I am writing one for my dad's funeral and I have very little experience of these things. From what I can gather doing a search it should about the person's life and how they touched the lives of others yes? I was going to start at the end because his illness and how he dealt with it needs to be mentioned then I was going to do a bit about his early life, a bit about his career and achievements, a bit about his family, a bit about his social life and end up by talking about his granchildren. Am I on the right track? Do you thank people for their support or anything like that?
I think what you're planning sounds about right, that's what we did for my GPs' funerals. AFAIR we didn't thank individuals but did say a general thank you for all the love and support we'd had while they were ill.
hello Spudmasher, has your dad passed away? Sorry if that is a stupid question, I remember you talked about your dad being ill in a earlier thread. So sorry for your loss and your mum's too. Well done for doing this. Make sure you have it written down clearly so you can just read it without worrying, or if it all gets too much someone else can take over. My dad ill too now but trying to be positive.
Sorry for your loss. Fil died last year and his was a "lovely" eulogy - a close family friend did it, and was able to bring the essence of him into it, raising a smile from the congregation and a nod of "yup, that's what he said!" type thing. There was humour (appropriate) and a palpable sadness that he was gone.
I went to the funeral recently of someone who had been ill for a long time. Her husband had written a letter to her about how they had met, their courting days, marriage, their daughter (who tragically died in her early twenties), and about the music and poetry they shared together. It was truly beautiful, and was a lovely way to put it all together
Write it out and read it aloud a few times, to give you an idea of the time it will take, you'll be surprised how much time it actually takes to say it out loud.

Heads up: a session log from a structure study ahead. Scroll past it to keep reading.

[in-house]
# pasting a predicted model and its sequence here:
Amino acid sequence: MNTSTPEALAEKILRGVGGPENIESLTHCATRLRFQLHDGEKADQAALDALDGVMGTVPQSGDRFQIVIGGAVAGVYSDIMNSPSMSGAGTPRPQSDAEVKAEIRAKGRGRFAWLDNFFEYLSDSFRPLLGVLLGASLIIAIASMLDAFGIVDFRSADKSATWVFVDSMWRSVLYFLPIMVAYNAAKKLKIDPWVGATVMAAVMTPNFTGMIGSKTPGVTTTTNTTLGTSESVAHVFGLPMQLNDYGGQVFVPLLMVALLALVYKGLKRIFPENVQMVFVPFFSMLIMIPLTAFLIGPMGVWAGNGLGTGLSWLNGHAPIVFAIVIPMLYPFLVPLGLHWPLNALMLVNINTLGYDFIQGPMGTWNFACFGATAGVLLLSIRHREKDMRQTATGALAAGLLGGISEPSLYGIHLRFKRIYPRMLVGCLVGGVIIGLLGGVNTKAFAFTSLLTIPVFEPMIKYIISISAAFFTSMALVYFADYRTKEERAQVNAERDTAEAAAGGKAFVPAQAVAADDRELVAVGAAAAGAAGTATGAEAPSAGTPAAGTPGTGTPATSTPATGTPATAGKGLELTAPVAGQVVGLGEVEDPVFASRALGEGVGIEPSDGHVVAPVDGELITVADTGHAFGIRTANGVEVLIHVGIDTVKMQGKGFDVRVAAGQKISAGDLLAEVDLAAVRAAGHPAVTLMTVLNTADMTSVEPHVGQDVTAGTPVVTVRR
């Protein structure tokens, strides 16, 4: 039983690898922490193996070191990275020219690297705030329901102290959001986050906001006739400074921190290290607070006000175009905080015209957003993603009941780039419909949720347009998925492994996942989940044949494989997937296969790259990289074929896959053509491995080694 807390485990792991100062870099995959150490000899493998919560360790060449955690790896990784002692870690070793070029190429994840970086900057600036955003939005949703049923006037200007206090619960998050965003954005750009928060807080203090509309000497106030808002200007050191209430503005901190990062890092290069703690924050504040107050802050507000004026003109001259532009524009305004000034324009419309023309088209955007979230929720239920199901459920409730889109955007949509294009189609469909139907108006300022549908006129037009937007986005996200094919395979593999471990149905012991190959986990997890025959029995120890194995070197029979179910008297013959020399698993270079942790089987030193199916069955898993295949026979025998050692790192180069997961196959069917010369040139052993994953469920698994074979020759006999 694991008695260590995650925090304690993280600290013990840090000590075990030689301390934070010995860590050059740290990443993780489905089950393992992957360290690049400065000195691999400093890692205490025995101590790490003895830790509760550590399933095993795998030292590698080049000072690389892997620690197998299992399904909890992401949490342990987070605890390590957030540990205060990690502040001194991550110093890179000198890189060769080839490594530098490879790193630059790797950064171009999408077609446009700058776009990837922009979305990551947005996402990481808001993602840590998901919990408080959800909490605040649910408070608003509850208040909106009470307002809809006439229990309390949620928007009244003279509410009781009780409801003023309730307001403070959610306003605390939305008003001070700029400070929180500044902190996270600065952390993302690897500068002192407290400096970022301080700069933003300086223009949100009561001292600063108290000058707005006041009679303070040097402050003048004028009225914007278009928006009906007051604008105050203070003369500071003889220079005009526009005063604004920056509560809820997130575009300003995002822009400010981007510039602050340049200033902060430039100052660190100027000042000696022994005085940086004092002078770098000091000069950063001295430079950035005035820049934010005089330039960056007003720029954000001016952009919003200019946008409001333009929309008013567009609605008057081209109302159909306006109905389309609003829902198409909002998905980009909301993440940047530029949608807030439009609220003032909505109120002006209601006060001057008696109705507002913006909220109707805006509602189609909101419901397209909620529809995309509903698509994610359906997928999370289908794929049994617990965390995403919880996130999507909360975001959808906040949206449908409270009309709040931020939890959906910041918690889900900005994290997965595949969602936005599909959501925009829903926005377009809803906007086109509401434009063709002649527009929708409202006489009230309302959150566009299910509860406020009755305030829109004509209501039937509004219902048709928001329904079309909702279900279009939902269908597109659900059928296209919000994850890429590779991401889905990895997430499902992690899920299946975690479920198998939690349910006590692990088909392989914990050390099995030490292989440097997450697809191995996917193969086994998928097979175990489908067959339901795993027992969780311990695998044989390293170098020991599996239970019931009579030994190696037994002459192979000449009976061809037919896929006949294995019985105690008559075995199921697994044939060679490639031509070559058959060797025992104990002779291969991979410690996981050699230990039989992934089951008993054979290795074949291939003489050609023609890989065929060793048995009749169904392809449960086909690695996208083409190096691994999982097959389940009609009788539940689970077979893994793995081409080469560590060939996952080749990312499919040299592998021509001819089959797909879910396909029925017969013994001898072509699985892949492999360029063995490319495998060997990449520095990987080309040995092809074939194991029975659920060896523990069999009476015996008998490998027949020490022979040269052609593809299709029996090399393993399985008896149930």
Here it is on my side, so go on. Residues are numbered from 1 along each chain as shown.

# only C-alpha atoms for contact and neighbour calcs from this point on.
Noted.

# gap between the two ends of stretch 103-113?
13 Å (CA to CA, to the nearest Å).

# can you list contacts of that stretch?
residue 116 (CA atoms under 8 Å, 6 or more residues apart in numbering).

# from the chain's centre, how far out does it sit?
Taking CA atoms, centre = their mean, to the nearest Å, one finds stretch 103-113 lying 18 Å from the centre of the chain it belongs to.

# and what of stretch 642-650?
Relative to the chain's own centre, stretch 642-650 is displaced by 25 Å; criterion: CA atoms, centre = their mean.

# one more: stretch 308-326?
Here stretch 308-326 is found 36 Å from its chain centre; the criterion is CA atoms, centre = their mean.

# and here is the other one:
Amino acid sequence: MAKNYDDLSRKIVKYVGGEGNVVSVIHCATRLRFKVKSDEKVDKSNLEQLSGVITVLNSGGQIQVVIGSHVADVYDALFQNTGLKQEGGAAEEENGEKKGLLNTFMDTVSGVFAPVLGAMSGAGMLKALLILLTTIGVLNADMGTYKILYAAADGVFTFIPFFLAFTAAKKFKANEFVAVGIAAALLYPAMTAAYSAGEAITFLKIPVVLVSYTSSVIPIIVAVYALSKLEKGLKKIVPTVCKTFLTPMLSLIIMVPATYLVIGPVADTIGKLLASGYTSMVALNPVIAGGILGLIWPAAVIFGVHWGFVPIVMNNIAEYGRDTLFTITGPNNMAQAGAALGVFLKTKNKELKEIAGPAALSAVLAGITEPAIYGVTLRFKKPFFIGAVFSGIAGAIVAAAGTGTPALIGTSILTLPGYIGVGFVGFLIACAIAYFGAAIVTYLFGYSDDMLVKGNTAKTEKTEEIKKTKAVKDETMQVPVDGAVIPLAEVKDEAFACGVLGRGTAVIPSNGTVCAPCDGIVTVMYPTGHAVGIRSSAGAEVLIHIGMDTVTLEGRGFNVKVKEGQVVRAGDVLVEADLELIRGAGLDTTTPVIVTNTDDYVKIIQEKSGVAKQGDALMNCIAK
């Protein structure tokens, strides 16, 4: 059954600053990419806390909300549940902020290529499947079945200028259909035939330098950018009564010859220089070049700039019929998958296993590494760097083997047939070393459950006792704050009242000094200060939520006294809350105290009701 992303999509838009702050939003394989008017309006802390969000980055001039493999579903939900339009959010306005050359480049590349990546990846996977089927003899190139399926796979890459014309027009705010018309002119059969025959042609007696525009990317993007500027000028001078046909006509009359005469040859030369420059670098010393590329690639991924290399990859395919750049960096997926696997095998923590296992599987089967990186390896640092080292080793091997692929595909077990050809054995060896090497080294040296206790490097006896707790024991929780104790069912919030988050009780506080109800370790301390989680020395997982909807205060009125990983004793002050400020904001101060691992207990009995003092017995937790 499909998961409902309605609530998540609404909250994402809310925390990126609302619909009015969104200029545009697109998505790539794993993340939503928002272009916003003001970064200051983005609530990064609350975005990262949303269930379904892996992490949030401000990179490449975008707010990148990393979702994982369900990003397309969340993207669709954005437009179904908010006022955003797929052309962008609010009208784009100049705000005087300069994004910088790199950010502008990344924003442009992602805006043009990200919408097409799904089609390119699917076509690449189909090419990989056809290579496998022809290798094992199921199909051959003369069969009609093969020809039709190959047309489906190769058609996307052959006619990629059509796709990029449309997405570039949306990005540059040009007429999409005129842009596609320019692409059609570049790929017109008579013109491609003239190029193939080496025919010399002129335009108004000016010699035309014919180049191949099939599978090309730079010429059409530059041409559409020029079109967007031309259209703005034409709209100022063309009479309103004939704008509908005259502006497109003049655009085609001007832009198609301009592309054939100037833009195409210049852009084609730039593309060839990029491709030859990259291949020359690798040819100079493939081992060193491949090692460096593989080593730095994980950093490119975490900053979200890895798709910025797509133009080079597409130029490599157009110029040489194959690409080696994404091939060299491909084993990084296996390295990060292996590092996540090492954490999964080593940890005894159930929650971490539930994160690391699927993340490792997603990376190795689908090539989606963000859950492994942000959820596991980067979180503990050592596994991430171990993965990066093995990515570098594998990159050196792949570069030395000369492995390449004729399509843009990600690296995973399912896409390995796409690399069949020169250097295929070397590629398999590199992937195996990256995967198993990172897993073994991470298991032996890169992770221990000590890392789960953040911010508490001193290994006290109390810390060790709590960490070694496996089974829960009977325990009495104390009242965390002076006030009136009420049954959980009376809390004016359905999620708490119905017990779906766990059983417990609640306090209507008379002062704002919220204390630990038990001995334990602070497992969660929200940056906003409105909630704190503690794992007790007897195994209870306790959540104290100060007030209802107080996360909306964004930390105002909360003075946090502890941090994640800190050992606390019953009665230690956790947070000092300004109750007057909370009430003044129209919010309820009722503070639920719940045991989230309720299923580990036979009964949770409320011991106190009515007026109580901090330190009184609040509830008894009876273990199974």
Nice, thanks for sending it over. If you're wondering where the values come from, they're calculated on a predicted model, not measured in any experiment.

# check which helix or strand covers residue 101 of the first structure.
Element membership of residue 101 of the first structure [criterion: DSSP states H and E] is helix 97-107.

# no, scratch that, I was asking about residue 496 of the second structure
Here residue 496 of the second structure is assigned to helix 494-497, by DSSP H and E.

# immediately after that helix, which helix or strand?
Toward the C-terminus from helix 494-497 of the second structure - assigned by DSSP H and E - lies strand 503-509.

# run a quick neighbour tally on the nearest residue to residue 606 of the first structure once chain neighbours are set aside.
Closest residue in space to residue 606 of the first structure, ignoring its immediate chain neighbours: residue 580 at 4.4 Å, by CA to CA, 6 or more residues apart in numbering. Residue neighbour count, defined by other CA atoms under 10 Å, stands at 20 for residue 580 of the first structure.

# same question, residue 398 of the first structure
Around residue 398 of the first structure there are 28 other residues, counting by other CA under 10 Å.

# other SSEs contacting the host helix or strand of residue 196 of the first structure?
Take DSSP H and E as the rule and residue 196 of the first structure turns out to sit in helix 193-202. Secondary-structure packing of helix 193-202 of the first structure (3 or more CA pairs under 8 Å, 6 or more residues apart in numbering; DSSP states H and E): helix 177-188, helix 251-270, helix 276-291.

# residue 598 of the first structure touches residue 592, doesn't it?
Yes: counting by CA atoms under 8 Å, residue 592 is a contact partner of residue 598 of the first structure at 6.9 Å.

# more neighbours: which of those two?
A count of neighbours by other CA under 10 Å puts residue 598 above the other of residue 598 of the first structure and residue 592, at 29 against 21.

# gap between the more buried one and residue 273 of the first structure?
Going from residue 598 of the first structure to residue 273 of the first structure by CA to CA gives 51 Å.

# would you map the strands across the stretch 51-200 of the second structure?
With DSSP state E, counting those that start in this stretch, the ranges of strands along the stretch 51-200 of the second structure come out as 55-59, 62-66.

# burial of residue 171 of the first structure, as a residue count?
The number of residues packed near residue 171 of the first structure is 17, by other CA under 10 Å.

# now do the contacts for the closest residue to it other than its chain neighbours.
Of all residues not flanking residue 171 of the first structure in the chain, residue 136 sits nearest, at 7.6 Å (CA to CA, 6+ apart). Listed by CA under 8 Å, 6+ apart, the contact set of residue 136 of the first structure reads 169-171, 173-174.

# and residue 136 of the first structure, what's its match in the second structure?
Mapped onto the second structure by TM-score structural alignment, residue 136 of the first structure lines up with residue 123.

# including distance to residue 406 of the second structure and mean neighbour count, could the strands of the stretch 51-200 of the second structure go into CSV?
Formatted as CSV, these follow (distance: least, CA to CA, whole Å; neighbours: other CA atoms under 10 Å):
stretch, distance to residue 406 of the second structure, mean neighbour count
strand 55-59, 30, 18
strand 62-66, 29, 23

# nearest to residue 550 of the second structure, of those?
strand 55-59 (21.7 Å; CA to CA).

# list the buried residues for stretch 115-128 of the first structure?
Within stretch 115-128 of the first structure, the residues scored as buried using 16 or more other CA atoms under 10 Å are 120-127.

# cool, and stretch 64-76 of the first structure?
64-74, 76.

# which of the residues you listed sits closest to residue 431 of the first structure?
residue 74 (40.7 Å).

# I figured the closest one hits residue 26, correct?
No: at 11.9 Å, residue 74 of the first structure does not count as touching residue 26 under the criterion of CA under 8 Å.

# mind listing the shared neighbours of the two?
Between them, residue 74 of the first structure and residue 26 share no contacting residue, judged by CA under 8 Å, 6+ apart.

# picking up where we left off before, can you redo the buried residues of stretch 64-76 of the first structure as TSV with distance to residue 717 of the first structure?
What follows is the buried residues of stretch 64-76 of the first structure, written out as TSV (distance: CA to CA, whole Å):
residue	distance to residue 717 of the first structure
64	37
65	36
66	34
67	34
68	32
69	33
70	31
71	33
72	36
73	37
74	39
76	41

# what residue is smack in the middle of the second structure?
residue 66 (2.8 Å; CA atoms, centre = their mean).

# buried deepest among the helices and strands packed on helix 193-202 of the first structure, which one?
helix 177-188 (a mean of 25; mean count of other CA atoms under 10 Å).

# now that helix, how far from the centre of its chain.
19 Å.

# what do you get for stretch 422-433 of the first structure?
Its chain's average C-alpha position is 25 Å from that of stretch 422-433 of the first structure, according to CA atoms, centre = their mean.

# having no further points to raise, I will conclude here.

I read it several times to help to calm be down before the even, and I didn't actually 'read' it on the day, I talked around it. you might want to ask specific people if there is anything that they want to say, and you can read their words....this helped to reduce the hightened state of emotion for me a little.
I also put in some funny stories, because dh was a funny guy. We all laughed and we all cried. People we kind enough to say that I had done him proud, and that gave me a great deal of comfort.
For my mums we started off with name to us she was a mum and briefly told what she was to us then a wife and my dad gave his input then a daughter which my nan gave her input sister etc This seemed to flow well we then acknowledged how much she was loved from the fantastic turn out to her funeral etc. This seemed to flow quite well sorry about your dad
Yes to having a stand-in at the ready in case you can't do it on the day - send them a copy in advance so that they've read through it and are prepared. I'd also add: print it out in a bigger font than you'd normally use, so it's easier to read if you get a bit teary or your hands shake; practice reading it out loud several times, and speak much slower than you think you need to - I had to make myself slow right down when reading my brother's eulogy but to everyone else it sounded 'normal'; on a similar note, breathe, breathe, breathe! Take slow deep breaths, note the points at which they particularly occur. On the day, don't worry if you need to stop a moment and take a deep breath to get yourself together, before, during or after the speech.
I'm so sorry for your loss Wishing you the best for a peaceful day.